Year Released: 2004
MPAA Rating: R
Running Time: 127 minutes
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After several years of work on “2046,” Wong Kar-wai has revealed a result surprisingly reminiscent of his usual atmospheric virtuosity and exploration of personal conflicts. With the exception of a few scenes, the film has little traces of science-fiction and takes place in China during the last half of the 1950s, but still contains many of the lush visuals that have marked Wong’s career.
The first five dazzling minutes of the film make the rest of it seem rather uneventful. A shot moves away from a chair in a strangely designed room, then a train races through a black, white and sparsely colored animated city while another shot tracks through the archways of a train tunnel. A voiceover explains that people take the long train to 2046 when they want to catch their memories and not change. He, however, needs change, and has decided to leave 2046—something no one has ever done before.
As intriguing as this may sound, there isn’t much more to this bit of information. The futuristic story takes up very little screen time, and probably consists of about half that time in material, as most of it is repeated. It isn’t the work you’d expect from its supposed author, the film’s hero, Chow Mo Wan (Tony Leung Chiu Wai), an out of work journalist who mainly writes pornographic fiction to pay the bills—or spend before he pays the bills.
His story is one of love affairs in rooms with the same number, 2046. He has built himself a life of loving carelessly, spending frivolously, and throwing parties at the end of each month to pay the rent. (The landlord gets to take his gift money out of what Chow owes.) He builds a friendship with Su Li Zhen (Gong Li) in which he reveals his lifestyle, but the ultimate goal of seduction is, of course, doomed to lead back to his normal lifestyle.
Wong follows each romantic episode with interesting compositions, as the longest one, with Zhen, begins after Chow moves to apartment 2047 after a brief affair reminds him of his love for room number 2046. The relationship begins as the woman hears and feels the vibrations of Chow having sex with a woman and yells at them to be quiet, so she might have guessed that this isn’t the most promising man for a long-term relationship. The two straddle a balance between their intermittent needs for each other, as both at times prostitute themselves and take advantage of the other’s love.
The cinematography by the great Christopher Doyle, Kwan Pun Leung and Lai Yiu Fai create the beautiful yellow tones of the faded hotels and lost dreams. The haunting images make up for the sometimes dull elements that populate the minutes between the strong opening and closing.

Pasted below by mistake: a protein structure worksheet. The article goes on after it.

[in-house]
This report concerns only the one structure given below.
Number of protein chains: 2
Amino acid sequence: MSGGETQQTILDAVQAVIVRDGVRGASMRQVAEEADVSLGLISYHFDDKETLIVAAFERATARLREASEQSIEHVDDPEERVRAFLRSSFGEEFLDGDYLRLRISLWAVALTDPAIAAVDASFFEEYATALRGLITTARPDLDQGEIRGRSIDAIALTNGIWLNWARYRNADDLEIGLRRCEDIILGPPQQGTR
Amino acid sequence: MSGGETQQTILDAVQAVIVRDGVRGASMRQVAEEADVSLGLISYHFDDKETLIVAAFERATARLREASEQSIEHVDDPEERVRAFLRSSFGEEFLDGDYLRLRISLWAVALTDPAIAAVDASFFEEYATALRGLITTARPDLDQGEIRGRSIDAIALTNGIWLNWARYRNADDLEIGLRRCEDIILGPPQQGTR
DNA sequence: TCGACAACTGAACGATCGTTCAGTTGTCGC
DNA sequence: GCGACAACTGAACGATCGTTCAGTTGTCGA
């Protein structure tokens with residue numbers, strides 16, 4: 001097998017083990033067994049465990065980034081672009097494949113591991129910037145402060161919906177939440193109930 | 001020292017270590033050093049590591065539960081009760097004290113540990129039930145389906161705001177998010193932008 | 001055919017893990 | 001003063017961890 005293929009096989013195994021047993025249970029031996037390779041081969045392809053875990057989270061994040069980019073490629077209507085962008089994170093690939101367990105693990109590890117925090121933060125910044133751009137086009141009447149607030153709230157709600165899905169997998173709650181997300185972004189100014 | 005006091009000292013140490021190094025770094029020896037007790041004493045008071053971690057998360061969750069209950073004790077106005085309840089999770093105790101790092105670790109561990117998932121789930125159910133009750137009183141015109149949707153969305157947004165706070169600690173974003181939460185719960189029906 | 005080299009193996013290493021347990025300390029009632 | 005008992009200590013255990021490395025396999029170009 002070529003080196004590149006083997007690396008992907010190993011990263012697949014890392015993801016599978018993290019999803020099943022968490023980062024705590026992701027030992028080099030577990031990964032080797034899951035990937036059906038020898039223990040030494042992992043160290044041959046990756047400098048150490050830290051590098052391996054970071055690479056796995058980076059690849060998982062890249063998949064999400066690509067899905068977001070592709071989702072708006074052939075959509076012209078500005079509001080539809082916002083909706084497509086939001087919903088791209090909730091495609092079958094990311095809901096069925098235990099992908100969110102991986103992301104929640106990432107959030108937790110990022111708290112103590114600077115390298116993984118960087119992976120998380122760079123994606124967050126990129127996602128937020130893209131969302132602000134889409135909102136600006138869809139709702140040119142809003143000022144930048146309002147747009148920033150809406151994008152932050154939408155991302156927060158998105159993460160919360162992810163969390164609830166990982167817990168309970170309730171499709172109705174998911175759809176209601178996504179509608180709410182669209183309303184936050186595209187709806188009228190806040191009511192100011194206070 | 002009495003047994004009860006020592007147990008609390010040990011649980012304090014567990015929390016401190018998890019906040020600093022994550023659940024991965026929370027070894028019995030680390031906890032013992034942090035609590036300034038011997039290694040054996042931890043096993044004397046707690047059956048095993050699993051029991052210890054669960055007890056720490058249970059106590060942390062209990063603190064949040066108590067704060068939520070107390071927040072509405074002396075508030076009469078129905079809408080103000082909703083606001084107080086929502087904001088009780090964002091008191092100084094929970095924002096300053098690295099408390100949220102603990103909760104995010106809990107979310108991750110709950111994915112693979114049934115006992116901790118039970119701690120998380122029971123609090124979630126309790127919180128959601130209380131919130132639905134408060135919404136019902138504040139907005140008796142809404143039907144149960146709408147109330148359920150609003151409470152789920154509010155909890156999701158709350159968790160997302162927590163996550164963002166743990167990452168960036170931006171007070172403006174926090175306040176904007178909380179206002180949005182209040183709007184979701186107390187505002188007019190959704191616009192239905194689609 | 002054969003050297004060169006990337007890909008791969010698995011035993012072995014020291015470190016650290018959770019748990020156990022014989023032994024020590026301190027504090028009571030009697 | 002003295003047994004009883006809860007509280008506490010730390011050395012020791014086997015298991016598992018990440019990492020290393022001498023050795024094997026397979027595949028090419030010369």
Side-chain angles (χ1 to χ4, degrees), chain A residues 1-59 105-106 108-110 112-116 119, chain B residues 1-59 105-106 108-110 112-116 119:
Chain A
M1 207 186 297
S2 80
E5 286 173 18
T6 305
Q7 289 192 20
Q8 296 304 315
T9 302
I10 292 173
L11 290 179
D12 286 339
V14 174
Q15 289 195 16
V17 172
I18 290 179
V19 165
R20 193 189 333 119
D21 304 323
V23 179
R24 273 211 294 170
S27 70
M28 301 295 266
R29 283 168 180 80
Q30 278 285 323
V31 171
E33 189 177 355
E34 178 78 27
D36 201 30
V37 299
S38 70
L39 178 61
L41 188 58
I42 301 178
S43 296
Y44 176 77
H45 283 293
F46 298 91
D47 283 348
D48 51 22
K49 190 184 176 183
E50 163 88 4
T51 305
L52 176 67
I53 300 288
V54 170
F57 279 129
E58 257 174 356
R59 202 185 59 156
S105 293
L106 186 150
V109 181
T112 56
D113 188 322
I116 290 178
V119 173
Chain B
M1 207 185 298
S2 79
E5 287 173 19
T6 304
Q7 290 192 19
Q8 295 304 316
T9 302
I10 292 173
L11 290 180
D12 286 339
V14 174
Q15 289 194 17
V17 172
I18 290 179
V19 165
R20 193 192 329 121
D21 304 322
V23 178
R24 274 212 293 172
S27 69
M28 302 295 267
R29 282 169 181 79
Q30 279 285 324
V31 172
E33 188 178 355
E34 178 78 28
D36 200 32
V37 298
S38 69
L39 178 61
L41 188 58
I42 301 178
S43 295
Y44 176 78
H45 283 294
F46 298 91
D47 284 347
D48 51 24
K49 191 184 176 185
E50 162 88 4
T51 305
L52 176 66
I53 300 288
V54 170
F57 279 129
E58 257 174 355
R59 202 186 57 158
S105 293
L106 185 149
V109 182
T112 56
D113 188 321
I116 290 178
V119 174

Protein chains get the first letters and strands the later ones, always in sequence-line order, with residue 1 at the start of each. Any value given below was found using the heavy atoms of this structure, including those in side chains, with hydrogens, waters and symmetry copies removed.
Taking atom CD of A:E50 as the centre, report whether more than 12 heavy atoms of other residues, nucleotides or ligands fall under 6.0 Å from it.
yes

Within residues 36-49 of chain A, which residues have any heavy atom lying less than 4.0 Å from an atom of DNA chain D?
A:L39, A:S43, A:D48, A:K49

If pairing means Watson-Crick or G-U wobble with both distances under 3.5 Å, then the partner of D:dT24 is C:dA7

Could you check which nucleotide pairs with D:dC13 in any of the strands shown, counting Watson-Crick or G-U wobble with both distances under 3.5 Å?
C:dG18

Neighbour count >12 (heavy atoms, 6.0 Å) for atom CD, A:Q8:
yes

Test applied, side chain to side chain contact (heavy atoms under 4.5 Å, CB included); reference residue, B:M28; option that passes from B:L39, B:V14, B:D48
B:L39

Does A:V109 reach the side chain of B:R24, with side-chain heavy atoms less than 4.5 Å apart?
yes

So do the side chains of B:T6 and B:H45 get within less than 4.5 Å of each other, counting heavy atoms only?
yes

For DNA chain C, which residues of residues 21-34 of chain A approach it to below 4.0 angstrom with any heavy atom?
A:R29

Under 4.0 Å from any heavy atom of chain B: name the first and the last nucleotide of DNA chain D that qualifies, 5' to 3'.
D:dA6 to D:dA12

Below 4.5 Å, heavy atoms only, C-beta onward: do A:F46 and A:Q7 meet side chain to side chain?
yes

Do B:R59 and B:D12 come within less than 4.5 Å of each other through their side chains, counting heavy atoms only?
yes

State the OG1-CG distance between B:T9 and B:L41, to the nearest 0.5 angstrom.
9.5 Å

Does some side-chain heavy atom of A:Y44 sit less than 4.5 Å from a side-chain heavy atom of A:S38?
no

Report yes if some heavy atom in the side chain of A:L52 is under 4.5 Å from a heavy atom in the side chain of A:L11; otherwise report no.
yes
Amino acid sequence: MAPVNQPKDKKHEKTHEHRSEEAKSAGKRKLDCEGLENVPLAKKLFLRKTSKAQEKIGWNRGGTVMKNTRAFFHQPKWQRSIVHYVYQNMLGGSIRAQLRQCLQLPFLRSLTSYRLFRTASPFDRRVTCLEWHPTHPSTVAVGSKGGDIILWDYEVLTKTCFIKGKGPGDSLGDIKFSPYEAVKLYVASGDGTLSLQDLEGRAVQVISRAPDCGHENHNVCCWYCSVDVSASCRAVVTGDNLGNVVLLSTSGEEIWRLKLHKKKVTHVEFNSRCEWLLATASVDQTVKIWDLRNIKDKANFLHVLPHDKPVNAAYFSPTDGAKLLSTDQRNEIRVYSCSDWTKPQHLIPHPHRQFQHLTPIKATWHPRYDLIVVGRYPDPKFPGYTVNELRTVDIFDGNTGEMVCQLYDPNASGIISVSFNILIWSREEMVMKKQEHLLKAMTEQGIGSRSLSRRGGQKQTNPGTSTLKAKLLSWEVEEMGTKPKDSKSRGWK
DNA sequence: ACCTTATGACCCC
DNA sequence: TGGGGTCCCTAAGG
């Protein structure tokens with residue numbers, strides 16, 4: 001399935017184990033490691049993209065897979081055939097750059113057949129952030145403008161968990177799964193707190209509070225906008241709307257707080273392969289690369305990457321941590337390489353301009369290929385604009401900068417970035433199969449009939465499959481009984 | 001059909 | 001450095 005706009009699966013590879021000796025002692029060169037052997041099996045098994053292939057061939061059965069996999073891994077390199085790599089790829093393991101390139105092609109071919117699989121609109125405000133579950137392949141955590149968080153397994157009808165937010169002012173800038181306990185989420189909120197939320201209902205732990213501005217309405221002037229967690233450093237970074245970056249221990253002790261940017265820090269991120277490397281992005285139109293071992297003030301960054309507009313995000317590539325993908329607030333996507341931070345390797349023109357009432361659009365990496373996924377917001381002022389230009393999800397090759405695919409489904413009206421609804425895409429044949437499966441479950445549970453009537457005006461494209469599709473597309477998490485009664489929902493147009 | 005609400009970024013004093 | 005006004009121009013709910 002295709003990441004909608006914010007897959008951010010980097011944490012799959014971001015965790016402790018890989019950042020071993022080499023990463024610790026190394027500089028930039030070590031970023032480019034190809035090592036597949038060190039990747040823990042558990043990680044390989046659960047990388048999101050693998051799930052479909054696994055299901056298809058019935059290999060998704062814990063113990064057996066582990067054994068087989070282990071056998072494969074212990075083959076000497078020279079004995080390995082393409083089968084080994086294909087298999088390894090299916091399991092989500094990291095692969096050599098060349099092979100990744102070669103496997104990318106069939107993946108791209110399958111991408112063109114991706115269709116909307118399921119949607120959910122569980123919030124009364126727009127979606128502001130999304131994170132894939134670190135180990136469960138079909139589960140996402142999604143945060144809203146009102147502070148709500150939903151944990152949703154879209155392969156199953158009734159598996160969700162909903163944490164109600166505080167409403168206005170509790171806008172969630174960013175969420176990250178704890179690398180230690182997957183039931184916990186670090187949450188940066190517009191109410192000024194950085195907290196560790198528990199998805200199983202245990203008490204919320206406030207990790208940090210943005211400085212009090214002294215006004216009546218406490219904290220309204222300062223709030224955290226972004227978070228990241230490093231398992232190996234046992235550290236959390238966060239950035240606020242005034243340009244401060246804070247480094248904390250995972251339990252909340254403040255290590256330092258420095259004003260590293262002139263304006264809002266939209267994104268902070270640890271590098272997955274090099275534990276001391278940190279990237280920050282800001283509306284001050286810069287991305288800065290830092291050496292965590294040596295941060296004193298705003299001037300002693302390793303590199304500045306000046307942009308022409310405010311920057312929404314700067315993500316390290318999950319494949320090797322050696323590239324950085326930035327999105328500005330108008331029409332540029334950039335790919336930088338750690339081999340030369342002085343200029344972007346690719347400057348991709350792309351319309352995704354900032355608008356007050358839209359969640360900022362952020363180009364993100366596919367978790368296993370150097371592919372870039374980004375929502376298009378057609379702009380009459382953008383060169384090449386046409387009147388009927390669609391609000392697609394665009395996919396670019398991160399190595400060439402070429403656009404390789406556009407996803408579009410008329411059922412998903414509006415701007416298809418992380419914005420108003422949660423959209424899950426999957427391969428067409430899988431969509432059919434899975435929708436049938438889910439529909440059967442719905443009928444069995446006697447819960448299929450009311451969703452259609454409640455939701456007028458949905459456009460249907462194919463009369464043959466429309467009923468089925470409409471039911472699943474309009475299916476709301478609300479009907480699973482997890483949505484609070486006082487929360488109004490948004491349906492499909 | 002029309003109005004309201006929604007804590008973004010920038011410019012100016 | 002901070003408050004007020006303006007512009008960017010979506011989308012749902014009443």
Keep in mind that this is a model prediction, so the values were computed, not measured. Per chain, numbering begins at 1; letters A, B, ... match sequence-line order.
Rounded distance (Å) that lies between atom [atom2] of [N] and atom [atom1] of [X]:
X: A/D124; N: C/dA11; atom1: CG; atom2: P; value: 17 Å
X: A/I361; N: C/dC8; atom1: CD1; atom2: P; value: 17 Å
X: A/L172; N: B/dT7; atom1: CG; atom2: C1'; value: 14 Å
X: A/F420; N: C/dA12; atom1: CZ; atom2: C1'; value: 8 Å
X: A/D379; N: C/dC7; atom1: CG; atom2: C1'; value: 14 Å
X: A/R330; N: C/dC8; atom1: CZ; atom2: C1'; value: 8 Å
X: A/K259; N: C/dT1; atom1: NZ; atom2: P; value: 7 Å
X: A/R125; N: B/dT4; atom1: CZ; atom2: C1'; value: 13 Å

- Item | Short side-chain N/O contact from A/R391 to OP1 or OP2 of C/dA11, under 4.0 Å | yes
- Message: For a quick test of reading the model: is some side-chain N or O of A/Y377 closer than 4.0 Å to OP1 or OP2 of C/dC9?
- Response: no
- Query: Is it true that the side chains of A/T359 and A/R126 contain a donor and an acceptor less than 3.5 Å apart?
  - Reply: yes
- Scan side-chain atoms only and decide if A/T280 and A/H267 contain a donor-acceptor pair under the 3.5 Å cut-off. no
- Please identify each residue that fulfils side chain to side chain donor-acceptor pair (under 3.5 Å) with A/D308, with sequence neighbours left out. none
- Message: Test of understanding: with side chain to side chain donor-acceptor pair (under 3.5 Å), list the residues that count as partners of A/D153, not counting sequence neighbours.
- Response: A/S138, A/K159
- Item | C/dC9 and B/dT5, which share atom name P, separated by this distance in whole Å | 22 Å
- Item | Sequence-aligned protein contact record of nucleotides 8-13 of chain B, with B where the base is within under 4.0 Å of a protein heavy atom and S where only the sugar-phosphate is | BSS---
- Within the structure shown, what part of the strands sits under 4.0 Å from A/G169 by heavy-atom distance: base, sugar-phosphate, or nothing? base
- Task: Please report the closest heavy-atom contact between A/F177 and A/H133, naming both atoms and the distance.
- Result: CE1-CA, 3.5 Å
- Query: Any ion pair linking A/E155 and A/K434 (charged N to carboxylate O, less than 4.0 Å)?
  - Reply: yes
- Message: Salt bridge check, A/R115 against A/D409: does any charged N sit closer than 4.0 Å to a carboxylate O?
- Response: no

The most interesting woman is the first with whom Chow has a relationship, seen in flashback after other failed affairs. A lucky woman with an enigmatic past, she makes her money taking a small fee while gambling for others who need more money.
Wong takes his rather unlikable leading man through a whirl of relationships in order to reveal his vulnerable side. Chow gives the impression that he’s learned something emotionally from each relationship, but leaves to question how he might actually apply what he’s learned. Change comes slowly and painfully, as seen in the futuristic story’s long, cold train ride. When Chow’s earliest relationship comes in flashback, it brings to question whether it changed him for the worse, or whether it only started to affect him later, when he and the film look closely at it.
That and the short futuristic storyline create the most fascinating and visually interesting moments in the story, as the man returning from 2046 asks an android to leave the train and be his love, but doesn’t know if her lack of reaction is a malfunction in her emotional chips or because she doesn’t want to go. Unfortunately, this part only pops up in the beginning and end.
The voiceovers and some visual sequences also tend to repeat themselves, and this is obviously part of an effort to create some rhythm and refrains within the film. However, they don’t all work, such as the playing of Nat King Cole’s “The Christmas Song” in its entirety four times and voiceovers that offer the same information in a slightly different phrasing. There is no real structure behind the repetition, and while I admire Wong’s effort to create a kaleidoscope of memory, much of it becomes tiresome after two hours.
The fascinating visuals and performances by Leung and the assortment of actresses like Gong, Zhang Ziyi and Maggie Cheung ensure that the film is still worth watching.
Posted on August 2, 2005 in Reviews by Jeremy Mathews
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